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Tales of workaholic investment banking bosses, and how to survive them

Burnout is killing his career

It wasn’t the greatest precedent to set. Alex, a third-year associate working on a FIG investment banking team in London, had just seen her notoriously hard-driving managing director go on maternity leave. Three weeks later she was back at work.

“What does this say to everyone else? You can’t have children if you want to make it to the senior ranks?,” says Alex. “I’m about to get married, we’re planning children – three weeks’ maternity leave is a terrifying prospect.”

Investment banking demands hard work. You need to clock over 70 hours a week or you’re not even in the game. But what you’re working for a real slave-driver – someone who never switches off?

“I worked with one executive whose badge of honour was that he had only taken two weeks of holiday in 9 years,” says Graham Ward, the former head of European equities at Goldman Sachs and now adjunct professor of leadership at INSEAD. “His marriage was broken and he had no children. He worked weekends and had no hobbies. At 43 he was a very angry man, both to be around and with his life in general.”

One former associate at a boutique investment bank in the City says that his team was forced to take a conference call with their boss when they knew he was in the ‘cabinets’. Another says that an analyst was worked so hard that he was regularly found sleeping under his VPs’ desk, which was the warmest place in the office.

Adapt to survive 

“Adapt and learn, or resist and disappear,” says Ziad Awad, a former MD at Bank of America Merrill Lynch who is now CEO of boutique Awad Capital. “Ultimately, most managing directors are expecting utter commitment from their juniors, because they show the same. Everything is a learning experience.”

In theory, juniors are relatively powerless to resist a workaholic boss – if they complain, there are plenty willing to take their place. The key is simply to be savvy with your workload.

“It’s difficult to avoid weekend work you could not expect and that is time-sensitive,” says Marc Hatz, an ex-Goldman Sachs and Perella Weinberg associate who now offers advice on preparing for investment banking interviews. “But on the projects you already work on always think time-management.”

There will always be work that will drop in your desk unexpectedly, but the key outside of this is to work as efficiently as possible, he says. If you’re an analyst, always make sure that you prioritise workload with your ‘staffer’ – the associate managing you.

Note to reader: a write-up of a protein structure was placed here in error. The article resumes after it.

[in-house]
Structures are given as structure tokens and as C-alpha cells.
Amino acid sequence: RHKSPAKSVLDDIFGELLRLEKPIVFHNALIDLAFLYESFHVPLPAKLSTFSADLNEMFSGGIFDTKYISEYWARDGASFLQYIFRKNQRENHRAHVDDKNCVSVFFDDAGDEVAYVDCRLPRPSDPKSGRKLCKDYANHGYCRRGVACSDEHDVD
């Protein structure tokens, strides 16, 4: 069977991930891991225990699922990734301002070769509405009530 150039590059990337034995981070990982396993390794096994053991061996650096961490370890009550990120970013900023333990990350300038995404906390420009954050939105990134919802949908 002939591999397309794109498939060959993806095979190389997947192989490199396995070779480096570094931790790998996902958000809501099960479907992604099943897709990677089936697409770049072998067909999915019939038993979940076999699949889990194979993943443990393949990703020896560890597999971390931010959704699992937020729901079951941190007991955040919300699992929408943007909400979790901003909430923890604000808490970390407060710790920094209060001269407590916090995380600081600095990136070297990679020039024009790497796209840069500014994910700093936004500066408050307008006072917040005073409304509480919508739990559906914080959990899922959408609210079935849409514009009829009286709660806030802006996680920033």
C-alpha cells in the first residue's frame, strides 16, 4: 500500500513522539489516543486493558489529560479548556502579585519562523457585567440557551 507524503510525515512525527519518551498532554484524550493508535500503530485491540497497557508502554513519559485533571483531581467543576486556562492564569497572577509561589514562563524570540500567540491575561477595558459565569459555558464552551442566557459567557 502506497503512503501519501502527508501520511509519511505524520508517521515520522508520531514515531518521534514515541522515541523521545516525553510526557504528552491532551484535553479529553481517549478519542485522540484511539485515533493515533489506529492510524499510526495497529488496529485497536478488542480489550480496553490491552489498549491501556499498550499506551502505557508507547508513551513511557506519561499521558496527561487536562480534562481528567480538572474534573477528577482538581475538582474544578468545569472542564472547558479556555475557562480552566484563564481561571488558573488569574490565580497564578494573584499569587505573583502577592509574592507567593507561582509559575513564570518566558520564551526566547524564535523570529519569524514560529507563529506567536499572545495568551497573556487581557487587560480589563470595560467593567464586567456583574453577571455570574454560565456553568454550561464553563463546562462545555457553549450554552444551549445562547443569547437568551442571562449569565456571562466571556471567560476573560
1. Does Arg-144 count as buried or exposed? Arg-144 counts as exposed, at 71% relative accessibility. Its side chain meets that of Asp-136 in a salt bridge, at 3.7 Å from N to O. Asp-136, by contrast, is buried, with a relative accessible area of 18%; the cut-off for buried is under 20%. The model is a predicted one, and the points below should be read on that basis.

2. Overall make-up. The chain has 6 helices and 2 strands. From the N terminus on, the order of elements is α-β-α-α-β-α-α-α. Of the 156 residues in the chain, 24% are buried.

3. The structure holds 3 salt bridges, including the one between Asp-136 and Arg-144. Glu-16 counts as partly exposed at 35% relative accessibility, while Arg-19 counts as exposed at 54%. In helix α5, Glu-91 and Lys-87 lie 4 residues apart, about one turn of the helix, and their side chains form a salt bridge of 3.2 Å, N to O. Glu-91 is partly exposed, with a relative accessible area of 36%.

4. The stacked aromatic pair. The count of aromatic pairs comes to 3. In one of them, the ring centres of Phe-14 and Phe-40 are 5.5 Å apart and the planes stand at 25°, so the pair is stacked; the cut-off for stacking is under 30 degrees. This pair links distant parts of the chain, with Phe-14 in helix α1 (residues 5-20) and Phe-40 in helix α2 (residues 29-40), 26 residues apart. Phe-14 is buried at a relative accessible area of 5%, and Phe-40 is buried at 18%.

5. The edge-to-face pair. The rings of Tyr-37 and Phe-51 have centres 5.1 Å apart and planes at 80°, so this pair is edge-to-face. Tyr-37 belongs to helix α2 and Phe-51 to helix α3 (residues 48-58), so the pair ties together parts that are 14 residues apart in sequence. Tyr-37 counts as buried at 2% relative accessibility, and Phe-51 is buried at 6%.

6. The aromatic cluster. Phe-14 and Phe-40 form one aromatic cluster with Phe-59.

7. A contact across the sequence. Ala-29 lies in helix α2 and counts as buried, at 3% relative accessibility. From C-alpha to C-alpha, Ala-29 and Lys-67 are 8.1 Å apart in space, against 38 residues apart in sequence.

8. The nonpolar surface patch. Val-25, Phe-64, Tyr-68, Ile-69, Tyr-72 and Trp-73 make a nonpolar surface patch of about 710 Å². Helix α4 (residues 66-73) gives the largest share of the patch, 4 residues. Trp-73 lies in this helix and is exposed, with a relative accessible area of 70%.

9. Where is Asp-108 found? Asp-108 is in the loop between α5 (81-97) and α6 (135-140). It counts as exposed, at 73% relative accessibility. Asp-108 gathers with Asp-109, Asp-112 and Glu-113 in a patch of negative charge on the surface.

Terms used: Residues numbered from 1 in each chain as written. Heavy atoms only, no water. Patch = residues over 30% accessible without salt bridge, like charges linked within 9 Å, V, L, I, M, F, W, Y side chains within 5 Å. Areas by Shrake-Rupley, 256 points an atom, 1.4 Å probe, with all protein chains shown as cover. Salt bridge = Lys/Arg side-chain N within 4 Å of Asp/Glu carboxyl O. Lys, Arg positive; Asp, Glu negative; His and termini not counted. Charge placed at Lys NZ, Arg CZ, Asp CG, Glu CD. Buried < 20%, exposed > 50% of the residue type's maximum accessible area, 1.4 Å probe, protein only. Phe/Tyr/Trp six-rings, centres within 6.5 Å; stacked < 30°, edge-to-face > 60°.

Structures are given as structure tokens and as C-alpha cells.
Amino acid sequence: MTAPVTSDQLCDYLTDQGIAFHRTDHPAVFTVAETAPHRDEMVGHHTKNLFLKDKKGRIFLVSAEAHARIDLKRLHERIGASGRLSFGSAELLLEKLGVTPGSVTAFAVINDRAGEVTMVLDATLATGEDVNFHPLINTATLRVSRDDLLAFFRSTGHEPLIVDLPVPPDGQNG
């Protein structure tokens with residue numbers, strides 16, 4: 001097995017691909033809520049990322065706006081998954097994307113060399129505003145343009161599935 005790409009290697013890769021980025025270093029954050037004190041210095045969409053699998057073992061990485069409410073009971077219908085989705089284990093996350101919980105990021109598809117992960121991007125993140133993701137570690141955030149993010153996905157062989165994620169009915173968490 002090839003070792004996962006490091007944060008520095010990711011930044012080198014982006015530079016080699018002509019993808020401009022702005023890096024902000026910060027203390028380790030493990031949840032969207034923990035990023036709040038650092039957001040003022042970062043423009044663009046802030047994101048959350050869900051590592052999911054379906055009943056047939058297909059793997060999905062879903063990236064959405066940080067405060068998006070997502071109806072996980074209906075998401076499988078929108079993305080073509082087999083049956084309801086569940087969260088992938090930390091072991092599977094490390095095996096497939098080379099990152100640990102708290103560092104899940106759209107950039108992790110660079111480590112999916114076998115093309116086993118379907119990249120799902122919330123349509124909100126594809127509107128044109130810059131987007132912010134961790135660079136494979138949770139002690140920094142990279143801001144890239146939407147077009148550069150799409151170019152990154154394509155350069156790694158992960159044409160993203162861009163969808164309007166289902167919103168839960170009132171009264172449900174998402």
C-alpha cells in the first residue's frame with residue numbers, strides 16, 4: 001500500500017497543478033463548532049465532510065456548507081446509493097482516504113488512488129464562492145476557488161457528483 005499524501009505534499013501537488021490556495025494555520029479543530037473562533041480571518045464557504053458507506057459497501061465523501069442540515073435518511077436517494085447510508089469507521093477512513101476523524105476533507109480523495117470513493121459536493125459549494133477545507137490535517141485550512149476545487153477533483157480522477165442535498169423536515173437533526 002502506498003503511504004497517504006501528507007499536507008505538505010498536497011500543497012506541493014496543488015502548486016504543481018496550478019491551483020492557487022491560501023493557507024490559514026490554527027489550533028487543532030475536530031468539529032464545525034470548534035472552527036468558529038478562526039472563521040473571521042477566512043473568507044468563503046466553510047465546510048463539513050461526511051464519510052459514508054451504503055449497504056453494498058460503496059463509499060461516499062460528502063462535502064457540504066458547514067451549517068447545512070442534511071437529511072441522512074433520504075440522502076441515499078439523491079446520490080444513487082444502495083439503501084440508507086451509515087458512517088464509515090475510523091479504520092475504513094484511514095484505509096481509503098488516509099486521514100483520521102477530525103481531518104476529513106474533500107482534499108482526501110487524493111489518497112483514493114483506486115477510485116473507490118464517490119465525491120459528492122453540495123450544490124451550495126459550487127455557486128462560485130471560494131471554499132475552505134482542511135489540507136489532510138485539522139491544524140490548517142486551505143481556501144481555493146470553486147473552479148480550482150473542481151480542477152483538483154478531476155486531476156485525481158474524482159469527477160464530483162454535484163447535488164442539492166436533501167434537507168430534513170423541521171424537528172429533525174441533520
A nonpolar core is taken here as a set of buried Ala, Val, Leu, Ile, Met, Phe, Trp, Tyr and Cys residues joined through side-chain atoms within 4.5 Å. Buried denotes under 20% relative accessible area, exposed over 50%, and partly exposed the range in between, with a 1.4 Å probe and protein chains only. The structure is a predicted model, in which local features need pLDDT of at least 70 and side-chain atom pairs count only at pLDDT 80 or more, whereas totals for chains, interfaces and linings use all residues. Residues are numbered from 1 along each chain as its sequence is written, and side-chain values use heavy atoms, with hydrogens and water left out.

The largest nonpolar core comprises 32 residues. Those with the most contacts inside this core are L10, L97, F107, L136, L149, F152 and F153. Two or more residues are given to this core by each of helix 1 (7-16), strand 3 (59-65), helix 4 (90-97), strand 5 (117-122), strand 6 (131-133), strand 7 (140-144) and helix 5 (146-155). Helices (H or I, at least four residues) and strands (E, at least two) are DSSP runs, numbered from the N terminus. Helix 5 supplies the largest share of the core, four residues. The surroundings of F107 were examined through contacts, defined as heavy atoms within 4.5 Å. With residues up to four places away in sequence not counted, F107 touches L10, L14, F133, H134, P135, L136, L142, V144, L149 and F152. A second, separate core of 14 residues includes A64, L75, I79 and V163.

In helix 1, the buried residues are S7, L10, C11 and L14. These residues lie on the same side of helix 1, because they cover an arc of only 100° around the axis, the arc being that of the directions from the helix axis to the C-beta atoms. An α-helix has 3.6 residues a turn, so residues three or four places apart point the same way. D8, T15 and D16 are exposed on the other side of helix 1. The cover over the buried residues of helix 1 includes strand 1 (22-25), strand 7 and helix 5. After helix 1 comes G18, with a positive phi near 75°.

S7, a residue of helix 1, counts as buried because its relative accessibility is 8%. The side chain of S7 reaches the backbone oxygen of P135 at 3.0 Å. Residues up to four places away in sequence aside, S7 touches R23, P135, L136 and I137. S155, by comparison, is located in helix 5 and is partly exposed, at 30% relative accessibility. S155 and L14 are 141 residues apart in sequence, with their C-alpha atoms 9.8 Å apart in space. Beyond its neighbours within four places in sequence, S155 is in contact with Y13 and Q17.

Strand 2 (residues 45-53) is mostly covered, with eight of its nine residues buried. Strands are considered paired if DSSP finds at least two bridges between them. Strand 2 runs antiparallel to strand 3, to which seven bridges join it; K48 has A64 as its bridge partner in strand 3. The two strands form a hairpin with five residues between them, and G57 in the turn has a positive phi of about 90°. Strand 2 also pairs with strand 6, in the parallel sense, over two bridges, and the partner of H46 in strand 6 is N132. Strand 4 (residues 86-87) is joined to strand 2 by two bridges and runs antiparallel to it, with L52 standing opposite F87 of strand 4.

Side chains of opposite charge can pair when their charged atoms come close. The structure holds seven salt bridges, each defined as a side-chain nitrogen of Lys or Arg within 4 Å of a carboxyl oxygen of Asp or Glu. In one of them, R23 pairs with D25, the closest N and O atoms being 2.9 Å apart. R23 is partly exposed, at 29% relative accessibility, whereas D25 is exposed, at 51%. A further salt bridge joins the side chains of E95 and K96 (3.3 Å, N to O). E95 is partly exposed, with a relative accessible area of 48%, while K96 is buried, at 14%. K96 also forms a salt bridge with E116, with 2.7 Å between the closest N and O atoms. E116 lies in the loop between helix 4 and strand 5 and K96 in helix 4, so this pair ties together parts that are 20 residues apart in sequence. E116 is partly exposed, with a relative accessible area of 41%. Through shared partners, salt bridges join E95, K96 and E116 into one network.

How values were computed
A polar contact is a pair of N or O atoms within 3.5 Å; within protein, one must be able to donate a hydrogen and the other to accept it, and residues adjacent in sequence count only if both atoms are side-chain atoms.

“Discuss the possibilities on projects you know you will realistically not be able to deliver on given your outstanding workload,” says Hatz. “Ask your staffer which project should be given the priority.”

Ward says that the key for juniors is to “deliver above expectations and then push back hard if more demands are made”.

“The best juniors are the ones that can work efficiently, it’s the only way to keep your workload in check,” says Awad. “Take financial modeling – banks will teach you a certain amount on Excel, but the top analysts spend the time working out all the shortcuts. A lot of people spend hours trudging through when they could spend one hour researching the best method.”

Ultimately, if the cause of the team’s anxiety is the senior managing director, it shouldn’t be the junior’s task to push back – use the hierarchy. “Always speak with your colleagues about your workload and ability to deliver,” advises Hatz.

Sitting it out

The most common way to handle these bosses, however, is to simply to sit it out – market dynamics have a way of sifting bad managers out of the organization, suggests Ward.

“His lack of perspective got him into trouble in the end,” says Ward of the workaholic boss. “He was unable to retain his best people, he was temperamental due to lack of sleep, and at scale he could not deliver. If he had not been fired, he would have been the richest man in the graveyard.”

Chris Roebuck, the former head of HR at UBS investment bank and now visiting professor of transformational leadership at Cass Business School, says there’s a generational shift – albeit a subtle one – and financial services organisations are conscious of missing out on young talent.

“I’ve known of people turning down jobs at Goldman Sachs because they didn’t want to be on call 24/7. Others have chosen other industries entirely because of the reputation for extreme hours in finance,” he says.

Roebuck says that when he was at UBS there was an HR issue when a managing director in his 40s refused to break his holiday for the third year running at the behest of a divisional chief executive in his 60s. “He said that he didn’t sign up for this, which was mystifying for a person of the previous generation,” he says. “Now, the younger generation want greater work-life balance – banks have to respond to this.”

 

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